The school, as currently envisioned, would be placed in the College of Human Ecology and overseen by Prof. Alan Mathios, policy analysis and management, dean of the human ecology college. If the University approves plans for the school, faculty from several departments — including policy analysis and management, government and applied economics and management — would adopt a second appointment and teach courses in public policy, according to Fuchs. Undergraduate students who express interest in studying public policy would be able to take classes and potentially pursue a minor in the school while continuing to receive a degree from the college they are enrolled in, Fuchs said. Additionally, pending University approval, graduate students interested in the field could have the option of pursuing a masters degree concentrating on social, health or educational policy. “I think this is very viable,” Fuchs said. “There are a lot of students, faculty and alumni who are keenly interested in having a public policy school.”A potential indication of rising student demand for a policy school is the number of applicants to the Cornell Institute for Public Affairs’ masters degree, which has shot up over recent years from less than 150 applications in 2004 to approximately 500 applications in 2011, according to a University report drafted by a committee of professors to examine the prospect of a public policy school. Additionally, Fuchs said that, although Cornell has no formalized department of public policy, several professors scattered across multiple departments already study the topic. By giving a name to the professors, courses and research that will collectively make up the School of Public Policy, Fuchs said that the University will be able to increase the “visibility” of the field both within and outside of Cornell. That heightened visibility, he said, could potentially boost donors’ interest in supporting the field. “Creating a school says that we’re now going to highlight public policy as one of our strategic priorities as we move forward,” Fuchs said. “It would become a greater priority for fundraising … [whereas currently], because the public policy faculty are distributed, we don’t have resources we are working to get.” He pointed to the University’s Dyson School of Applied Economics and Management as an example of what public policy could become at Cornell: an area of study that is transformed from a department into a school. The Dyson School was created in 2010 through a $25 million donation from the Dyson family — a gift that subsequently paved the way for additional donations that funded the renovation of Warren Hall and endowed the directorship of the school. In addition to reaping the benefits of philanthropic support, the school of public policy, if created, could encourage faculty who work in different departments to collaborate in advancing the field at Cornell, Fuchs said. “It gives the leader of that organization … the authority and responsibility to draw all the faculty who are members of the school to work together to create a new curriculum,” he said. “They’ll all work together to decide which faculty they want to hire.” The collaboration that could spring from a public policy school would “create synergies” between several groups in the college, including the Cornell Institute for Public Affairs, the Department of Policy Analysis and Management and “other concentrated areas of policy-related research that exist in and across several colleges,” said Mathios, the human ecology college dean. It would also strengthen not only public policy research but also teaching and outreach in the field at Cornell, Mathios added. In order to ensure that the school does not “significantly disrupt” existing social sciences programs at Cornell by tearing faculty away from their home departments, however, the public policy committee’s report proposed several mitigations. Between 65 and 75 full-time faculty should be brought to the school through a combination of existing professors and new hires, the report said. Additionally, to incentivize teaching in the school, the University should give each professor who devotes at least 25 percent of his or her time to the school the status of a full faculty member at the school, according to the report. New hires would also be expected to work not only in the public policy school but also contribute to the broader social, life and physical sciences at Cornell, according to the report. If the school includes an existing department, such as policy analysis and management, or even expands into a college of its own, the University must appoint a faculty committee to spend two years “developing teaching programs, holding events and forming groups of interested faculty likely to affiliate” before the move occurs, the report said. Although the exact details of the school have yet to be ironed out, administrators hope that the beneficiaries of the school will not just include professors and students at Cornell. Mathios said that the public policy school, if established, would also honor the College of Human Ecology’s land-grant mission: a charge to teach, conduct research and organize extension programs for the benefit of the state of New York. “A school of public policy would be entirely consistent with the land-grant mission,” Mathios said. Working with the college’s Bronfenbrenner Center for Translational Research — an institute that, according to its website, aims to translate information gained from research into policy settings — the school would “have the opportunity to translate research generated within a school of public policy into meaningful impact through influencing regulatory and legislative outcomes,” Mathios said.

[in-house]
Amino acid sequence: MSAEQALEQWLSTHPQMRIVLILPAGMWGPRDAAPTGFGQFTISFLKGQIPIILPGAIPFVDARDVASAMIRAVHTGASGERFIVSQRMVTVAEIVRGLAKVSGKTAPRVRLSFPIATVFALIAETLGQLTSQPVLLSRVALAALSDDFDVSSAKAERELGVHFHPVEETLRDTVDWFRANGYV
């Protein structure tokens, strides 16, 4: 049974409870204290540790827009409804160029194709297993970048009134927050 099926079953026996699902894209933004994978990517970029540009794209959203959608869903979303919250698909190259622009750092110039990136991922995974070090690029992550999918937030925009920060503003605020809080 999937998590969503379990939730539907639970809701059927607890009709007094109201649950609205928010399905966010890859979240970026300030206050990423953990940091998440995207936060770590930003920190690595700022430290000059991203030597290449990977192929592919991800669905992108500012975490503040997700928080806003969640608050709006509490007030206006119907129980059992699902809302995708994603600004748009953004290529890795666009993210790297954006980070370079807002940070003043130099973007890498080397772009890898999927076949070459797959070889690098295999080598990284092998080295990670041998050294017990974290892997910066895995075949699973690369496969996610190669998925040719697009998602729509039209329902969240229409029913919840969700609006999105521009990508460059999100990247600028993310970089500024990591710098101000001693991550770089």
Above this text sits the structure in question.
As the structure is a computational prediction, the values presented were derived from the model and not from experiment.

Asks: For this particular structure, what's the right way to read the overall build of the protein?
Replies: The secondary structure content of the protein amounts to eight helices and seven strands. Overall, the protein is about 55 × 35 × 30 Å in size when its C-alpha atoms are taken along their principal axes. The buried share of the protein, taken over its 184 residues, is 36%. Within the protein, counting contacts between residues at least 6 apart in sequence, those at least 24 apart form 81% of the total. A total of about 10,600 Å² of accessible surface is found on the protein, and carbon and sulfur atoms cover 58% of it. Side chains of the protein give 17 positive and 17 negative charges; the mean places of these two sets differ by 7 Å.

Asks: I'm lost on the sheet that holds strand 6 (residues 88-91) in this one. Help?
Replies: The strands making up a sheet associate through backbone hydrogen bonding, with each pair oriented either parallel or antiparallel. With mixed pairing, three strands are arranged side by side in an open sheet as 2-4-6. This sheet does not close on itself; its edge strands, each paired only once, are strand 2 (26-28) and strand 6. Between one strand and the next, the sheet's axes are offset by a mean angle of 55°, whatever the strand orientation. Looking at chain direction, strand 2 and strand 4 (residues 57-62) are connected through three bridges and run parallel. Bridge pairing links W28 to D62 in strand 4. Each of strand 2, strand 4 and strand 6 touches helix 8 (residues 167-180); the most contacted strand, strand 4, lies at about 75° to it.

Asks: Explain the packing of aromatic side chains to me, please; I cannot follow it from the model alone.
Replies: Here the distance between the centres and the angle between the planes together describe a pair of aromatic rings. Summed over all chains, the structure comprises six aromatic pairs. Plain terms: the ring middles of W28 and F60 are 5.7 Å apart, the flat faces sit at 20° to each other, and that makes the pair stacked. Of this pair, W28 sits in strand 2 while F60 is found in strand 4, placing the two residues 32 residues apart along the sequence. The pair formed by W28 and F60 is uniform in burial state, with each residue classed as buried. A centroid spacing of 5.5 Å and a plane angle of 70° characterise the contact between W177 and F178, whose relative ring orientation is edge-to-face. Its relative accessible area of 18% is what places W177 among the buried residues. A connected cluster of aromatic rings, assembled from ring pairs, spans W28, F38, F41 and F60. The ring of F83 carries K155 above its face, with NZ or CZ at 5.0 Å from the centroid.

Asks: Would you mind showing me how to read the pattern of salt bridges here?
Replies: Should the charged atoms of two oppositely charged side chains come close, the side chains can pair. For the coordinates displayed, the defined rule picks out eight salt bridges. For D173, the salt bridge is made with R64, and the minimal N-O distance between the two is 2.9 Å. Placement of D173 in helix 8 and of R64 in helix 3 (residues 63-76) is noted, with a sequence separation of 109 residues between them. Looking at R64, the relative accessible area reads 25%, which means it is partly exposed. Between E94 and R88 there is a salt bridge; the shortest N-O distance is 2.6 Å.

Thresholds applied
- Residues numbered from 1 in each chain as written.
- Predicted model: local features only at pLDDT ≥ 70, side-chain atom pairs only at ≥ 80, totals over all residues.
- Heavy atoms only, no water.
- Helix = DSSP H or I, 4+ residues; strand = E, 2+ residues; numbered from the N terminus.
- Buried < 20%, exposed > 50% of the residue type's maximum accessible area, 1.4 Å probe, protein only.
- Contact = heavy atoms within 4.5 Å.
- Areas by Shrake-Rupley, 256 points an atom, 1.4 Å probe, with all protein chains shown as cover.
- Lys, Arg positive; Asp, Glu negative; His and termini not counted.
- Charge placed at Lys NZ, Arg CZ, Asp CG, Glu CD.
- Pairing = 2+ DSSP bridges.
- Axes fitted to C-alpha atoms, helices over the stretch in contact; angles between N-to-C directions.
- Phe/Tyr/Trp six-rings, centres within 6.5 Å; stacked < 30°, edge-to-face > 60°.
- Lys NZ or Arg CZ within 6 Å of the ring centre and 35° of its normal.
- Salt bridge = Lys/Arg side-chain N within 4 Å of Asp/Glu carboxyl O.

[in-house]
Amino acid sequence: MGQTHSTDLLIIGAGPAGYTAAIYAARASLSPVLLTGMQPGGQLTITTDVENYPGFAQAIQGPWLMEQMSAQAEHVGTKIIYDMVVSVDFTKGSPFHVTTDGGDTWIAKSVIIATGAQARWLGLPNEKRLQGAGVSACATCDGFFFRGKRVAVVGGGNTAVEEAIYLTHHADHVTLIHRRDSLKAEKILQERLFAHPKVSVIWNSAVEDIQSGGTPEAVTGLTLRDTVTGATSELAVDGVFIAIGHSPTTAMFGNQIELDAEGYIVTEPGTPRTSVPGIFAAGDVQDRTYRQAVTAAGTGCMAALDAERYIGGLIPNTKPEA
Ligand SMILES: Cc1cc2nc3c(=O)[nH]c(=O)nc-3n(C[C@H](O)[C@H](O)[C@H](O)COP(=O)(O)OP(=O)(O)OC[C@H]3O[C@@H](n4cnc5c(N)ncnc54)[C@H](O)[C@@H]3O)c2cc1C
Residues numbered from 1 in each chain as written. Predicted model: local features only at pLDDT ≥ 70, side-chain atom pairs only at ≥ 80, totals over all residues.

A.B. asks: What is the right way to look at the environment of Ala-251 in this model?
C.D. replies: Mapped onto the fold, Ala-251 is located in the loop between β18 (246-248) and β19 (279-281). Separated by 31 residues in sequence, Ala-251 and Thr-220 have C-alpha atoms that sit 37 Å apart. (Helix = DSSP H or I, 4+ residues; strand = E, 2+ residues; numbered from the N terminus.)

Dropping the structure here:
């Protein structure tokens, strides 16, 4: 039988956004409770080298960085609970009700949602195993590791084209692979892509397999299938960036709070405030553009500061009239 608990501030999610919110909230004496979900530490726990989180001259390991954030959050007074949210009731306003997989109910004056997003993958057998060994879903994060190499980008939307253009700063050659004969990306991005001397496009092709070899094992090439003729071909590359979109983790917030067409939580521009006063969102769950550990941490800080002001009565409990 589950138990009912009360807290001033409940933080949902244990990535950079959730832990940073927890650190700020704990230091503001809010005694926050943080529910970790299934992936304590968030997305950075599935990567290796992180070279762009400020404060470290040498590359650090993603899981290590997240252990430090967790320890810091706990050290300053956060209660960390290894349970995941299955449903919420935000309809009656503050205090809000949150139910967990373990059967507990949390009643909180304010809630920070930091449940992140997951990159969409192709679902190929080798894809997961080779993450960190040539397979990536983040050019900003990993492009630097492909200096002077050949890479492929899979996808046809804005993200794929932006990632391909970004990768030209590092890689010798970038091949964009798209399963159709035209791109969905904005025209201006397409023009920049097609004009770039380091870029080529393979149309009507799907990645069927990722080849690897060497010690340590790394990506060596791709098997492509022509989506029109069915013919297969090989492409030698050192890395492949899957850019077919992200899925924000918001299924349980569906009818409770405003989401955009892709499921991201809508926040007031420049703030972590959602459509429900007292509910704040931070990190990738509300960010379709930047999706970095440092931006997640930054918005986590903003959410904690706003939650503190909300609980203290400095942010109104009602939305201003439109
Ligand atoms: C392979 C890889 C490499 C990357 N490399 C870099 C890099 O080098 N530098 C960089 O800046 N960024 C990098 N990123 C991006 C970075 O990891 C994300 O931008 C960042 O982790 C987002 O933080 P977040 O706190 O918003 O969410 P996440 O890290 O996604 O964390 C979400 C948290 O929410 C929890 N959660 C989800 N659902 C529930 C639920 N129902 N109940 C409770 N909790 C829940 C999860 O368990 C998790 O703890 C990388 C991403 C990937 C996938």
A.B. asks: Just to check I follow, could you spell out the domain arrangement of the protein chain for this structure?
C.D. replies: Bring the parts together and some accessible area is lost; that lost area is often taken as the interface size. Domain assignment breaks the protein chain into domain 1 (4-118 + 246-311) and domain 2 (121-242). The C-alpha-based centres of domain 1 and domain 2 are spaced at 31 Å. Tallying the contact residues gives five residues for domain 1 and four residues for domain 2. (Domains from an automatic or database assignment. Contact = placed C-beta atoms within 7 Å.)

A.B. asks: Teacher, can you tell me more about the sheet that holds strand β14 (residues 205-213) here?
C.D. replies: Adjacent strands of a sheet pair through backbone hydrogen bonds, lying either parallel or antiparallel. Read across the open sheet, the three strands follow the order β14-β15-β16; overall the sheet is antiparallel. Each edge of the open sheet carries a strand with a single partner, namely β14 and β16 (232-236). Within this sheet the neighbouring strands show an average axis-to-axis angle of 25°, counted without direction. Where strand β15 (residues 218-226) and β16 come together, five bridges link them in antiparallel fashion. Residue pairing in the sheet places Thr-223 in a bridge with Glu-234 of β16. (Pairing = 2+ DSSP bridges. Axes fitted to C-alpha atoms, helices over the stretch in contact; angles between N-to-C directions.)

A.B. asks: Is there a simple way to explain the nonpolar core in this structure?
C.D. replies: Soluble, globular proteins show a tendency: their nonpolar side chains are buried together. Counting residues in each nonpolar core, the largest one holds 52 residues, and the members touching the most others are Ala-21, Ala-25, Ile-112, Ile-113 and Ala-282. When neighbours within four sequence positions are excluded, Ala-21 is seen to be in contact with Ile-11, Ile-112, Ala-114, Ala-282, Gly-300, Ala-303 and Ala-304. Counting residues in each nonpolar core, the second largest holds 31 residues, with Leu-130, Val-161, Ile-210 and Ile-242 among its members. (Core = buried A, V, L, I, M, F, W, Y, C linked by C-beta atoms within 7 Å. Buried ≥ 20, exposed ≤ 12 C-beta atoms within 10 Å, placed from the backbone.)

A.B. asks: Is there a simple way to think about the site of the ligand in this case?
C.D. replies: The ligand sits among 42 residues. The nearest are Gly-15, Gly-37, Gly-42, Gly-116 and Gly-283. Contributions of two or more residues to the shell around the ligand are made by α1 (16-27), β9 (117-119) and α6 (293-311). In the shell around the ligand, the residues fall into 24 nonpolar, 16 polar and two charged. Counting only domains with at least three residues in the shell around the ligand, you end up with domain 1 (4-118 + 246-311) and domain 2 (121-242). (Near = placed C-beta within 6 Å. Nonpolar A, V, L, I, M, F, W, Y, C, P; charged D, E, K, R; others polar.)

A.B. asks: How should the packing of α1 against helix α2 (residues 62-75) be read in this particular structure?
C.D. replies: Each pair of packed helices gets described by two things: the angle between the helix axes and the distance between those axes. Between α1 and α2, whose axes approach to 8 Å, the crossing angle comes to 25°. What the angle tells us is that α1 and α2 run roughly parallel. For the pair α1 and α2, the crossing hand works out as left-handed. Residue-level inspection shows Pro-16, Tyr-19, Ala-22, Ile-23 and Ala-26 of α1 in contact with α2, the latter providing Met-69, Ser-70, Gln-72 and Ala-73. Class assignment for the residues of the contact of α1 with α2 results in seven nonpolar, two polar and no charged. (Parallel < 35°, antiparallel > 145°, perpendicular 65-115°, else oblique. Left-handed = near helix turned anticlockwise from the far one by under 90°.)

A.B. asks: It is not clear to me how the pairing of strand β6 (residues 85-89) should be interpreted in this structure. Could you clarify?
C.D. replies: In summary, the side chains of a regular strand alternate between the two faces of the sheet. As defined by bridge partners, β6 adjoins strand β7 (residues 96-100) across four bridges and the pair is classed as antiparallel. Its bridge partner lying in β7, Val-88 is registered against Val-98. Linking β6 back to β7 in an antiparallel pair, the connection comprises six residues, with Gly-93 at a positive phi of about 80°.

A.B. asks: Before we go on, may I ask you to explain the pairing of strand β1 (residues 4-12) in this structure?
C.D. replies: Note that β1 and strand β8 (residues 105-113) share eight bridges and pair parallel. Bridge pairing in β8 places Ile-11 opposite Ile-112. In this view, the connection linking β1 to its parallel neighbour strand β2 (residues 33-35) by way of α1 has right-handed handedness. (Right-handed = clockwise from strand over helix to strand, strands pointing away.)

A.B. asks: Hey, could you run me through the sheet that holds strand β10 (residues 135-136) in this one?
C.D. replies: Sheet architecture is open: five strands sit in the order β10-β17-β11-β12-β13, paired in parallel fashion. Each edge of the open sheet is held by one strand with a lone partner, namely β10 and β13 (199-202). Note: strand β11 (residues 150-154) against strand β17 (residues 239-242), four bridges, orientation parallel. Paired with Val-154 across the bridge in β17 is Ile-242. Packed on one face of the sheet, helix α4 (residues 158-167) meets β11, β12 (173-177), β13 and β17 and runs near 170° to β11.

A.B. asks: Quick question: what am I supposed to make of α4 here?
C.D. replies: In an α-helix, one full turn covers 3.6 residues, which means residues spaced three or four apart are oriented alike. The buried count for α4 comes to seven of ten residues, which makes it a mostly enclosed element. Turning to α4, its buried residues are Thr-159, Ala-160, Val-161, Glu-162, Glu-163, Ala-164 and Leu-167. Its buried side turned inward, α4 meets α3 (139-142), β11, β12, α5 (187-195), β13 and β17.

Original Author: Akane Otani